“Top management . [by 2027]Keiji Kaita, Toyota’s top battery expert and director of its carbon-neutral research and development center, said Tuesday. “But I’m presenting them with the evidence while we’re working on it.”
But despite his confidence, battery researchers have seen the schedule pushed back again and again.
“For the last decade, many developers have said, ‘Five years from now,'” says Victoria Fugil, a battery research analyst at consultancy Low Motion.
Experts also expect semi-solid batteries to reach commercial use sooner than solid-state batteries.
A major challenge for solid-state battery developers, he added, is making good contact between the electrodes, where the lithium ions are stored, and the electrolyte, which facilitates their movement between the electrodes.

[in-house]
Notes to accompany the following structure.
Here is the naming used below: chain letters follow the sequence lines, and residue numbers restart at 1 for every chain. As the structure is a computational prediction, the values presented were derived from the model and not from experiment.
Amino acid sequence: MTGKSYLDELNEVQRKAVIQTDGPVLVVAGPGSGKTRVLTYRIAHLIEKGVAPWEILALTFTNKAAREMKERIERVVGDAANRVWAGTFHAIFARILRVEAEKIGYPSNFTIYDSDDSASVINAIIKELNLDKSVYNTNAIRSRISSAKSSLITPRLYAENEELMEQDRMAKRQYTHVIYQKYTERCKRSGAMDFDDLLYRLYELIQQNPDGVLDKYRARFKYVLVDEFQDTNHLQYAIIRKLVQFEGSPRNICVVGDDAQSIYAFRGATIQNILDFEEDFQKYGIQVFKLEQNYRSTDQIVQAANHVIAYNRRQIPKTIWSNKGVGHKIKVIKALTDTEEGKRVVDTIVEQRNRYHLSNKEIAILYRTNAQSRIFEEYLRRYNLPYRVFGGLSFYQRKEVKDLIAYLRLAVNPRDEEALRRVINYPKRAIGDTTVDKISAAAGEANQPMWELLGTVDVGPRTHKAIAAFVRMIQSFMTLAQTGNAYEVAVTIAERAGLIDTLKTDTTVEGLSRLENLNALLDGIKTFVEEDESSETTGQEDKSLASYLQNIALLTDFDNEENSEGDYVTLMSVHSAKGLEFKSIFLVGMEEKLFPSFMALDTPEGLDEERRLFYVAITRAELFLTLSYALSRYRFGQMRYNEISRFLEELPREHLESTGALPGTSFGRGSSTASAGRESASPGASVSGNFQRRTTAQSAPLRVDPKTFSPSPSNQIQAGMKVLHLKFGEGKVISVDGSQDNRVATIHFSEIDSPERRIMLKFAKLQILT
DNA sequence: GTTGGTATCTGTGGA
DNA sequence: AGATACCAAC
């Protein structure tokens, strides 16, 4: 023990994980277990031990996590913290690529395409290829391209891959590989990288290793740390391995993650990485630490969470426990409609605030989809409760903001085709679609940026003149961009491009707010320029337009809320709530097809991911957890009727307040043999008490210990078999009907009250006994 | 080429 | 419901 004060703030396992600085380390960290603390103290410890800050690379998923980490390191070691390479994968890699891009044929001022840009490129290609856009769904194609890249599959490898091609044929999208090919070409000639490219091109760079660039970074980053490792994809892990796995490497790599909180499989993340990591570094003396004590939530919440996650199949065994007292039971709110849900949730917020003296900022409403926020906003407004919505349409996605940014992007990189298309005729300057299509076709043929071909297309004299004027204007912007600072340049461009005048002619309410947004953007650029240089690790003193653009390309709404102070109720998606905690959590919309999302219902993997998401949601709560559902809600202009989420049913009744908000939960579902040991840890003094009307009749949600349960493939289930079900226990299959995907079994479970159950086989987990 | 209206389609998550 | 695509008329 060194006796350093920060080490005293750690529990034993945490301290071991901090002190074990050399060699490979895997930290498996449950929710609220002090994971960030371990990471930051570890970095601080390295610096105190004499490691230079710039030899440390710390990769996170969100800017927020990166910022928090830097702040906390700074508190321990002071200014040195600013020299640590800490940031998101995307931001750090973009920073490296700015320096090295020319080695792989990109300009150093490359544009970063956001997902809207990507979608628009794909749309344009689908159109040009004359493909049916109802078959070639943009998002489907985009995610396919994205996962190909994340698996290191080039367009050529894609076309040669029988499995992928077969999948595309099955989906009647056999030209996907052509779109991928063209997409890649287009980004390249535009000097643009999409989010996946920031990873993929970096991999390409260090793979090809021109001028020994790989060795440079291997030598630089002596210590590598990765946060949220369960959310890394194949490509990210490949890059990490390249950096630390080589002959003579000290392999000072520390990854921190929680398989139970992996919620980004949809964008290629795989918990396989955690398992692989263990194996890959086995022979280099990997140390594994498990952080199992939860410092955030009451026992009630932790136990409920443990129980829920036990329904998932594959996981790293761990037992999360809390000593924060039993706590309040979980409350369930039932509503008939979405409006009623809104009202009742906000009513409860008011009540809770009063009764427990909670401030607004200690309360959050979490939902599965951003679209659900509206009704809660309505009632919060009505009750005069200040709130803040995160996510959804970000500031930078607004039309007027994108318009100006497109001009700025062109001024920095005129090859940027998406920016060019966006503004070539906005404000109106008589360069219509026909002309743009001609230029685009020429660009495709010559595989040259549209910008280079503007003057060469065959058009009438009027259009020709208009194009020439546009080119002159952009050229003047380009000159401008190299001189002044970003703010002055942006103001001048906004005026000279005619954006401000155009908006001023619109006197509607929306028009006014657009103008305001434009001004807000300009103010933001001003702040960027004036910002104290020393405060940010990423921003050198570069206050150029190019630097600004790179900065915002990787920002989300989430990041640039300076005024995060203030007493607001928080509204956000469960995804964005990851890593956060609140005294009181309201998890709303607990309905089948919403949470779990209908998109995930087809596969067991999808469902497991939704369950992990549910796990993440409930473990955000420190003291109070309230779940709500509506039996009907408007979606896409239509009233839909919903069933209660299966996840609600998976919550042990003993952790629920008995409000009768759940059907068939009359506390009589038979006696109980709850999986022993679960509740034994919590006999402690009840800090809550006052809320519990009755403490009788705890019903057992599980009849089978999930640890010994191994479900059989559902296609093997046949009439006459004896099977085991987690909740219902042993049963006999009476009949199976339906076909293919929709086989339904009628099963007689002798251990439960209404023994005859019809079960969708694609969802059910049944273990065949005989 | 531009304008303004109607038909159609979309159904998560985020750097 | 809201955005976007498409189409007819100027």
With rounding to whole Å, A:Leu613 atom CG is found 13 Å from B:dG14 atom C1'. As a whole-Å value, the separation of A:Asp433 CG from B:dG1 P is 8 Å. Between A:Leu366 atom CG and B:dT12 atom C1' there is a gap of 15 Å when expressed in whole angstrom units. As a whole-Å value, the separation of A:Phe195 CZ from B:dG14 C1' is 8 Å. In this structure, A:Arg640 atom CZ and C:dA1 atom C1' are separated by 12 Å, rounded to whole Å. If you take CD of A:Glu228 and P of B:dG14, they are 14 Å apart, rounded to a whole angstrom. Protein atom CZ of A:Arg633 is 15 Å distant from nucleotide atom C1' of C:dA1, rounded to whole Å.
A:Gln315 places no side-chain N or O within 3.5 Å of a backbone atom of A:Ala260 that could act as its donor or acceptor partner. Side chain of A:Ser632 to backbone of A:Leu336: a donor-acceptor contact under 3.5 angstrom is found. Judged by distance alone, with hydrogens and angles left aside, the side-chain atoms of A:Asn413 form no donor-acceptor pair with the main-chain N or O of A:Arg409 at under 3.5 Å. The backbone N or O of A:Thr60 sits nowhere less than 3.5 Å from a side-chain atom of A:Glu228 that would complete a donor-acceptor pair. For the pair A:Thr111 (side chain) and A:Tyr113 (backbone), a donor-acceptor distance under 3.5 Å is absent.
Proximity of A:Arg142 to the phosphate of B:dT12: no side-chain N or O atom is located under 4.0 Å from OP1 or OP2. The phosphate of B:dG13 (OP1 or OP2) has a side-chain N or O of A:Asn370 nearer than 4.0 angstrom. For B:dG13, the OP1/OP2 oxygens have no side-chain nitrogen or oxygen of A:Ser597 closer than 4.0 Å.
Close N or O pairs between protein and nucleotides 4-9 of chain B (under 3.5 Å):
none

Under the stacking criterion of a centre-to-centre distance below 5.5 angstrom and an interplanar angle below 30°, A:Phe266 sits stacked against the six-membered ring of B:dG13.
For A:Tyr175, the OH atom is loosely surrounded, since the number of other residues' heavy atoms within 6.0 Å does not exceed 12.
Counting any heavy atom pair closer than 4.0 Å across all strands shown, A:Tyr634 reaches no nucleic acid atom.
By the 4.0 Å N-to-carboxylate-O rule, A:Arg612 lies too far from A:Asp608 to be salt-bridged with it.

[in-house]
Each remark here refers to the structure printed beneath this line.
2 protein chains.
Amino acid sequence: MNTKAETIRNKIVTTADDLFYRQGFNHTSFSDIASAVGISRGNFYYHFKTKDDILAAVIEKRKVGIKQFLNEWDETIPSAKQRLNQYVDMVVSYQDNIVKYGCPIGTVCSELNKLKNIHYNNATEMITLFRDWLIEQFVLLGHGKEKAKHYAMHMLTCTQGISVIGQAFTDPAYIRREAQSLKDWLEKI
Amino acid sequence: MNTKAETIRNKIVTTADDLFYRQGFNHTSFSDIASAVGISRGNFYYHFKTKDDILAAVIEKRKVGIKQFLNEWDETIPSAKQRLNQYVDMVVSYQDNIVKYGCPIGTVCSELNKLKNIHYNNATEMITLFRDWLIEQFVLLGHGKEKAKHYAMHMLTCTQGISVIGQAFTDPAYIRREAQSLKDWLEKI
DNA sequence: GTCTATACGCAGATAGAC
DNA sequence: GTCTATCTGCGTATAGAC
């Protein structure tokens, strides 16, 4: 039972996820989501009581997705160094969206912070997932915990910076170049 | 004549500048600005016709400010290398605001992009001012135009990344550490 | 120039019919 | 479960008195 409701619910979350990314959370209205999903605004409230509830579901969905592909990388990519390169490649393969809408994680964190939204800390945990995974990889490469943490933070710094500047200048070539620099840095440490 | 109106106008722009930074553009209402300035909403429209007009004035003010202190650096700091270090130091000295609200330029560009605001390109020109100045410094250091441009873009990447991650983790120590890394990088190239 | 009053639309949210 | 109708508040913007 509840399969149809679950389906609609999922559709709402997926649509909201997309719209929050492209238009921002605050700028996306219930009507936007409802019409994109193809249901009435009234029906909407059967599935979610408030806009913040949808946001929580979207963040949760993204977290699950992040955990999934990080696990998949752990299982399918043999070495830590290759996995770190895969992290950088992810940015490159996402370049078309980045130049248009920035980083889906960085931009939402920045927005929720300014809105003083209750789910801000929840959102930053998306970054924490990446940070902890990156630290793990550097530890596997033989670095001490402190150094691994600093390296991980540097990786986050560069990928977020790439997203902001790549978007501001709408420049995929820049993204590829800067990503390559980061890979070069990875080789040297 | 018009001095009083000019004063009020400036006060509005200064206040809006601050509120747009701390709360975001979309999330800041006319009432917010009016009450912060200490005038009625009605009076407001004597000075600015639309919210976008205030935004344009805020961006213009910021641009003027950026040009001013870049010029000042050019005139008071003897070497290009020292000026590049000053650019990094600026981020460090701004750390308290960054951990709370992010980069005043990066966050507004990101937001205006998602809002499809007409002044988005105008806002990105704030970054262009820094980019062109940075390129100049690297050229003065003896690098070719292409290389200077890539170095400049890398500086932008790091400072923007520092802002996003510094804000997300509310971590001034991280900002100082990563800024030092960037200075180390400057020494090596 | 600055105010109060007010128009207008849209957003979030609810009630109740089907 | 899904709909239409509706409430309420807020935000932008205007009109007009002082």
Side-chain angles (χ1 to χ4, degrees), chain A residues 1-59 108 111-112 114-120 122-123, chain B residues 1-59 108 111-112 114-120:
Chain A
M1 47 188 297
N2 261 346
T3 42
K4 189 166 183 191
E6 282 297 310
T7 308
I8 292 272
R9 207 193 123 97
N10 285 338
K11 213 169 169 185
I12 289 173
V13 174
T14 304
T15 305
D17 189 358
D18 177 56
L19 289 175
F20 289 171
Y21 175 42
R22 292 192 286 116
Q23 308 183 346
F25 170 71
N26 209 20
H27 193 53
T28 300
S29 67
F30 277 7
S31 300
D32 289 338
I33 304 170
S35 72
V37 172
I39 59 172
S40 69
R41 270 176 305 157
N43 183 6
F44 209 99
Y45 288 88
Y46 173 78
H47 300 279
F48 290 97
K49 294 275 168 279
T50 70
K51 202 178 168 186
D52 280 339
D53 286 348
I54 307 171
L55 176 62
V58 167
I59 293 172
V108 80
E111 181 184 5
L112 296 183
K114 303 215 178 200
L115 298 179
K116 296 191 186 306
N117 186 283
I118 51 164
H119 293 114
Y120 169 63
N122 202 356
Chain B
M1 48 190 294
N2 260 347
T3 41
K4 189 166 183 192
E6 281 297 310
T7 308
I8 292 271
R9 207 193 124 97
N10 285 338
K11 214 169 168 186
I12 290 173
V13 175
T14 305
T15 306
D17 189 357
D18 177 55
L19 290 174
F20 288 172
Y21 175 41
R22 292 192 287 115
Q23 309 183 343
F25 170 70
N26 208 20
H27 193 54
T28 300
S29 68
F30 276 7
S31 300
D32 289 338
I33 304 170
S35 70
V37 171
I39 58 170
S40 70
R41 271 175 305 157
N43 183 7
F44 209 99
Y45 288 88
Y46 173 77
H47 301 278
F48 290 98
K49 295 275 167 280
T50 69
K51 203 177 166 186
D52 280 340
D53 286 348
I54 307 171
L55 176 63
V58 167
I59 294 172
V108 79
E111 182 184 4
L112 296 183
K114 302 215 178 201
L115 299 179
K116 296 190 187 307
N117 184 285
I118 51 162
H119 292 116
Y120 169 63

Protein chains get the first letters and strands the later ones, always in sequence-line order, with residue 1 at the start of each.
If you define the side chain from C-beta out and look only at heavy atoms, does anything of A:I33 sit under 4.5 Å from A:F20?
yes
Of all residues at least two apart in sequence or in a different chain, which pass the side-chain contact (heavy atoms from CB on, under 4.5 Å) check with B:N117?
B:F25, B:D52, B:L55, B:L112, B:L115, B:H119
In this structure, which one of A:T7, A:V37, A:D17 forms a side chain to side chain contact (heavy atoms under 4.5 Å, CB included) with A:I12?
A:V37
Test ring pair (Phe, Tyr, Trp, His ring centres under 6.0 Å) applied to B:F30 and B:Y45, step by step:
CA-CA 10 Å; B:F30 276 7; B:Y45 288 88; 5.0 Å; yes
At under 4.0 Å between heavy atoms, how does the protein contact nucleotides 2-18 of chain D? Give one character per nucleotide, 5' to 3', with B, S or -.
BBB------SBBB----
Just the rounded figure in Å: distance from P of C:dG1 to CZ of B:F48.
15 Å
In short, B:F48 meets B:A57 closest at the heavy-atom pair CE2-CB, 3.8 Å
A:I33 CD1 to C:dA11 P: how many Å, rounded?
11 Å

Shirley Meng, a battery professor at the University of Chicago, told the Financial Times conference that all-solid-state batteries also need to operate at a constant pressure “to perform at an optimum level,” which remains a technology challenge for manufacturers. said it was a serious issue. “We need to solve this problem before the technology really takes off,” she added.
Seeking technological superiority
Toyota has long resisted adopting all-electric vehicles like its biggest rivals, Volkswagen and Ford.
They argue that it is too expensive for developing markets, difficult to recharge in countries without grids, and that hybrids could reduce overall emissions more quickly using the world’s limited lithium resources.
But solid-state technology doesn’t seem to address all of these concerns, as it’s much more expensive to manufacture than traditional battery systems and still requires power to charge.